To ensure that residents would be able to get around their neighborhood easily and safely by bicycle, bus or walking while reducing high-speed, cut-through traffic and vehicle emissions the Fifth Street project was implemented from Priest Drive to Farmer Avenue. The overall goals of the project were to:
• reduce traffic volume and speed on Fifth Street
• improve the surrounding environment by incorporating landscaping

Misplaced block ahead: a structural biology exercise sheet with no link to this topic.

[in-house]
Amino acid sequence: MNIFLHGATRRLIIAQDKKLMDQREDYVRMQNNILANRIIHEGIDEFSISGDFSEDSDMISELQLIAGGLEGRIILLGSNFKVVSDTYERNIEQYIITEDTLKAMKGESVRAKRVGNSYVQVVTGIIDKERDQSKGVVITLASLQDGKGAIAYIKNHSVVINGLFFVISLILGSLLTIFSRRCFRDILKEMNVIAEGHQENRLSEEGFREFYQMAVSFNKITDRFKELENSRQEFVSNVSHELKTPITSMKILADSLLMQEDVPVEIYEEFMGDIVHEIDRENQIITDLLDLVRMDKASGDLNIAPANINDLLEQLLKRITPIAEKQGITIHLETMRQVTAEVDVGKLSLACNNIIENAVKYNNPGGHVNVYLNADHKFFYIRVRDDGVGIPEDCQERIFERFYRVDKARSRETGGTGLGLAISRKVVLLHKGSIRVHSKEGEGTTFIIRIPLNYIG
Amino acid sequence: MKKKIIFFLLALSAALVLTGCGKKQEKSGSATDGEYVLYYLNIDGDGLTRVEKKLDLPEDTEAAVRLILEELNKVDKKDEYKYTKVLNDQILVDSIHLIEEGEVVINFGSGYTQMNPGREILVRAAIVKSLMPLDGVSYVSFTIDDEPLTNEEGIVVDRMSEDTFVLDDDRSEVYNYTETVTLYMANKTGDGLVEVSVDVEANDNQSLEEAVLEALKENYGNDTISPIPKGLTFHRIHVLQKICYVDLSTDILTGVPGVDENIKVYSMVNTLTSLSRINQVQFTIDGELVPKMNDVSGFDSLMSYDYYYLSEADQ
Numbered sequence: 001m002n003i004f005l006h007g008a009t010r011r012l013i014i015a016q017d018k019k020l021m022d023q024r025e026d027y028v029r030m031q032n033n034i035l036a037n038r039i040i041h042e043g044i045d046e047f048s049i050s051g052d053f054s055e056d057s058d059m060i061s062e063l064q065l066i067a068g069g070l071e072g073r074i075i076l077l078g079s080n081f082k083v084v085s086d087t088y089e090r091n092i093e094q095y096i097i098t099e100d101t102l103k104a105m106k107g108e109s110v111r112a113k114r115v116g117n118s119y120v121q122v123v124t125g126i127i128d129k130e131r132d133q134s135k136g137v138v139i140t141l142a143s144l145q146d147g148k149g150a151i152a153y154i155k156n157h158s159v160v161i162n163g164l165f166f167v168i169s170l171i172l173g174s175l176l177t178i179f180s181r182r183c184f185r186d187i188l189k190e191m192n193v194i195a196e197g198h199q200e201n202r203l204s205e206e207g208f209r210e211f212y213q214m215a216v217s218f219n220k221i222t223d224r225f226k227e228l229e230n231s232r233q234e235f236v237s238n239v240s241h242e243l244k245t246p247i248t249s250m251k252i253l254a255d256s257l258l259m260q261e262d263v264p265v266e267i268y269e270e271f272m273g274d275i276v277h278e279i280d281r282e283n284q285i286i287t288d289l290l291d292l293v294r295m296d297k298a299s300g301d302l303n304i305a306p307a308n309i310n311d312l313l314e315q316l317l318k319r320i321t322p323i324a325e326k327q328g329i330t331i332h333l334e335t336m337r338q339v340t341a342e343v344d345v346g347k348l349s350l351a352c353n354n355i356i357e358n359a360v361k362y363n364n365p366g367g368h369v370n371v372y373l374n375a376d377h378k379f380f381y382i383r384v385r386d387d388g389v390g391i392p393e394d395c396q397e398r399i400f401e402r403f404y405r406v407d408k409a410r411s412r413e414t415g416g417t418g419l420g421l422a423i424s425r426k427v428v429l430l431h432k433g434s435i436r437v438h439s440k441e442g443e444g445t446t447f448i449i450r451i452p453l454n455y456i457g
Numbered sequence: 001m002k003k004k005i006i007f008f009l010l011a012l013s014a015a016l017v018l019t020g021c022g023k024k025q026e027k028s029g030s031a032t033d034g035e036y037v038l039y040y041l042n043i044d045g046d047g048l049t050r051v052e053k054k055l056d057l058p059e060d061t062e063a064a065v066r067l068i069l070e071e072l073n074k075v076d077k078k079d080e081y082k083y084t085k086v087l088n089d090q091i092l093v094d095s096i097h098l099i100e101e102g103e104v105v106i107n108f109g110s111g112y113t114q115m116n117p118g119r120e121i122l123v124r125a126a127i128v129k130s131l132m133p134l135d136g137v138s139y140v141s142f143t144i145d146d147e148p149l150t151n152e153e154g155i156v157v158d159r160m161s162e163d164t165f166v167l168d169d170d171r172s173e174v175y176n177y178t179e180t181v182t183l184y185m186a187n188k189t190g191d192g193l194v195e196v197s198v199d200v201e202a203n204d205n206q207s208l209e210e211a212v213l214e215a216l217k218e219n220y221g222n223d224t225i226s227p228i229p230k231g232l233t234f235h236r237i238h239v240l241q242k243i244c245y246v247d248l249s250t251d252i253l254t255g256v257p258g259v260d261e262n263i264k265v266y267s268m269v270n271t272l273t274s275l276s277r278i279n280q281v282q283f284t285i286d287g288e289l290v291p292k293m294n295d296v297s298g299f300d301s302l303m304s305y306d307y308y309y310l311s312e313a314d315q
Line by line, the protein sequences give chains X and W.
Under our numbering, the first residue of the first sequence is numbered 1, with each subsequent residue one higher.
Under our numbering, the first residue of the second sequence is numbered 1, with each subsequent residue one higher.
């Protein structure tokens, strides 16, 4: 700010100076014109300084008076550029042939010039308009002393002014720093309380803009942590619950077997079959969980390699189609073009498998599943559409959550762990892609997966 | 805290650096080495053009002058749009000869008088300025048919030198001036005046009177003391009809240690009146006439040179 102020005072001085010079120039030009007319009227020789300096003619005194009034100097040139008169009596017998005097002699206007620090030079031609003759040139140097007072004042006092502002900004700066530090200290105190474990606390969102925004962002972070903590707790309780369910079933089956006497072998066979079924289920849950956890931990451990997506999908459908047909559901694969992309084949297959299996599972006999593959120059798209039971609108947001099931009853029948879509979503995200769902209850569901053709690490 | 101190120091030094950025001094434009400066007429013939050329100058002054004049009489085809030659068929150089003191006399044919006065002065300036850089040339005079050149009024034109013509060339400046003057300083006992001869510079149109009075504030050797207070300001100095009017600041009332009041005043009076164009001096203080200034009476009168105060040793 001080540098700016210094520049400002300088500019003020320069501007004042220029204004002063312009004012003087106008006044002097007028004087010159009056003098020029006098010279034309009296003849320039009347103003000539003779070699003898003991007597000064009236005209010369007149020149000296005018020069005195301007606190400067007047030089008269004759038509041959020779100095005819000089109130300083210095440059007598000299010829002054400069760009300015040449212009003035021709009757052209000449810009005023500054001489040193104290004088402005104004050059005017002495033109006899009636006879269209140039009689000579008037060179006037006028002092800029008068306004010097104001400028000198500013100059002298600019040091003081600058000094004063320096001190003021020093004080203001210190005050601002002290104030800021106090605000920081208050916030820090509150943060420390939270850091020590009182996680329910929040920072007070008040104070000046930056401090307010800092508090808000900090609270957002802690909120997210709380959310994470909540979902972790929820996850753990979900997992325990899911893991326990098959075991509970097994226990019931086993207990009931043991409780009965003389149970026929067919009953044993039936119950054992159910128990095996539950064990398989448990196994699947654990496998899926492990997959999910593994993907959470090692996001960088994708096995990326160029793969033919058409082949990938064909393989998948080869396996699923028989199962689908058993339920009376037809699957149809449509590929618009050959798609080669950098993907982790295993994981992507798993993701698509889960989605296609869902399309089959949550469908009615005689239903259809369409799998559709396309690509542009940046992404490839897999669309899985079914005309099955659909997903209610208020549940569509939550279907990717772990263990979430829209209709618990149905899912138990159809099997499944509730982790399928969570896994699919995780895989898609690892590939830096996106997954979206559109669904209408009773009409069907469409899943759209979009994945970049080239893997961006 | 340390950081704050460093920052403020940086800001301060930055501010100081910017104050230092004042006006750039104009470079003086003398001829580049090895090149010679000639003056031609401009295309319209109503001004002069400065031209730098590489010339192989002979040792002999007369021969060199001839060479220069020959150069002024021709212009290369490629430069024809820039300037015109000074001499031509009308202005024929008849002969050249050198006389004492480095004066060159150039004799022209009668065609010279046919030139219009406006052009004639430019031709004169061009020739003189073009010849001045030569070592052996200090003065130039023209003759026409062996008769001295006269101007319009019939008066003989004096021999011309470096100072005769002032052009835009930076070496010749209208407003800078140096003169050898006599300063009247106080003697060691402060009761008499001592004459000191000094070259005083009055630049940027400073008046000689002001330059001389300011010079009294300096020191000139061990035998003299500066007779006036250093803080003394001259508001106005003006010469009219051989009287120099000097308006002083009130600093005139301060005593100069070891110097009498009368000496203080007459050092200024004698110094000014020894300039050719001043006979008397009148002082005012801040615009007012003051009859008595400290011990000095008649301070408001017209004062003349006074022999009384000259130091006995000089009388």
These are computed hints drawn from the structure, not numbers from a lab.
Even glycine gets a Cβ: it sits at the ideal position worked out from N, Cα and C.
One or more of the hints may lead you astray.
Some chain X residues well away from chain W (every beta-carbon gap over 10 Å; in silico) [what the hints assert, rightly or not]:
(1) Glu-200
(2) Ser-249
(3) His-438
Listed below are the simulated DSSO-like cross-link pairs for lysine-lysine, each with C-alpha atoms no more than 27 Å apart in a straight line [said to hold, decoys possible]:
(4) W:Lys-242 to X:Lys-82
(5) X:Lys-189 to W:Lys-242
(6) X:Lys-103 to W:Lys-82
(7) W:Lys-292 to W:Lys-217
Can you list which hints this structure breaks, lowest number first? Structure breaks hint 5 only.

• upgrade pedestrian and bicycle facilities
• improve street drainage
To achieve these goals, the city obtained a federal grant for designing traffic calming and pedestrian enhancements to the street, to reduce the traffic volumes and speeds and improve conditions for pedestrians and bicyclists. In 1995, after widening Priest Drive and opening the Loop 202 freeway entrance, traffic counts on Fifth Street were nearly 10,000 autos per day. The project included narrowed lanes, traffic diverters and traffic chokers, which cut traffic by 40 percent to 6,000 autos per day. The project cost about $3.5 million and was completed in 1999.